Briston and some of "his people" were outside the lounge. Briston and Anderson met, talked, and Anderson tried to give Briston the money. Briston, however, was angry that Anderson had not returned his phone calls. York overheard Briston say to Anderson, "I beat two homicides, I'll beat this one, too." Briston then grabbed a black .40 caliber gun from a "short dude" standing next to him, pointed it at Anderson and said, "I'm going to blow your mother fuckin' head off."
York tried to explain that they had been robbed and showed Briston where he had been shot. York also told Anderson that they should cross the street and join Victor Sanders at the gas station. At that point, Briston started to shoot.
When the shooting commenced, Anderson ran to the left and York ran to the right. York saw defendant across the street standing between a van and a car. According to him, Briston, defendant, the "short dude," and a man known as "Hit Man" were shooting guns. "Hit Man" was standing in the parking lot of the lounge.
York ran from the scene. As he did so, he observed a flash from a gun by the car and van where defendant stood. Victor Sanders, who had crossed the street before the shooting erupted, testified that he saw defendant near a van and firing a weapon. Sanders also saw Briston shooting at Anderson. Sanders left the scene when a rifle he was carrying jammed as he tried to fire it.
When Sanders returned to the scene, Anderson was lying in front of two cars in front of the gas station. By the time York returned to the scene, Anderson was being placed into an ambulance. No one from the Pittsburgh Crew was in the area. Anderson was taken to Passaic General Hospital where he died.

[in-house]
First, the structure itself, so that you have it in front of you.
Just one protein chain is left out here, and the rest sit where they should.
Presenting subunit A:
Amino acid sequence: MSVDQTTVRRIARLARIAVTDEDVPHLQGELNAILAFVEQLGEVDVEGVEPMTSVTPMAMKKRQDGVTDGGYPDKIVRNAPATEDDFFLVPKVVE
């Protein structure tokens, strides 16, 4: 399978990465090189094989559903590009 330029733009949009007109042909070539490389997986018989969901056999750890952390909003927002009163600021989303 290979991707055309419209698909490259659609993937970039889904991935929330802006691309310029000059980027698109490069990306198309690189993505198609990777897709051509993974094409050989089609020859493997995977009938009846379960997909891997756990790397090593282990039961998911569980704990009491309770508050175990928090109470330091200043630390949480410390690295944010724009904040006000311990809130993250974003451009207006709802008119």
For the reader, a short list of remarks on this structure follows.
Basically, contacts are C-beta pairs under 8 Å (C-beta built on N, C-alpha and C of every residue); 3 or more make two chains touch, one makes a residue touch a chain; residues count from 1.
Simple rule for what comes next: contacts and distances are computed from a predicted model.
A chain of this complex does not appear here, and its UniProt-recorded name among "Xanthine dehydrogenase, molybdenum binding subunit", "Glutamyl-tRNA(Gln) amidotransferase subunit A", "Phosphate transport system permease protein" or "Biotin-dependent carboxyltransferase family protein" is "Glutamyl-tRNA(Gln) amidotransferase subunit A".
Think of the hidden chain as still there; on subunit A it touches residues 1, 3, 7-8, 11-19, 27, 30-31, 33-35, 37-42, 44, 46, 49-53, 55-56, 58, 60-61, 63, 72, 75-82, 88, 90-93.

The police found Anderson lying face up in front of the gas station at 901 Main Avenue, across the street from the T & L Lounge. The body was partly on the sidewalk and partly in the street.
The police retrieved a black .38 caliber revolver about two feet from the victim's body, underneath a white Toyota parked in the gas station. The gun was closer to Anderson's left hand and contained three live bullets and one spent casing.
The police also retrieved eleven .40 caliber shell casings from the parking lot of the T & L Lounge. No casings were found in the street. A projectile was found in front of the white Toyota. That car also had what appeared to be a bullet hole in the driver's side door, and there appeared to be blood by the car. Other projectiles were found near the gas pump and in front of the gas station, and the gas pump appeared to be damaged. In addition, a projectile was found lodged in the entranceway of 901 Main Avenue and there were suspected holes in the wall.
No spent shotgun or assault rifle shells were found at the scene, and no nine-millimeter shells were found. No shells were found by the victim's body.
According to Detective Nelson Carrasquillo of the crime scene investigation unit of the Passaic County Sheriff's Department, an automatic weapon, such as a .40 caliber, ejects its casings after it is shot, whereas a revolver, such as a .38 caliber, retains its casings. The detective could not determine how many weapons were used to fire the eleven casings found at the scene.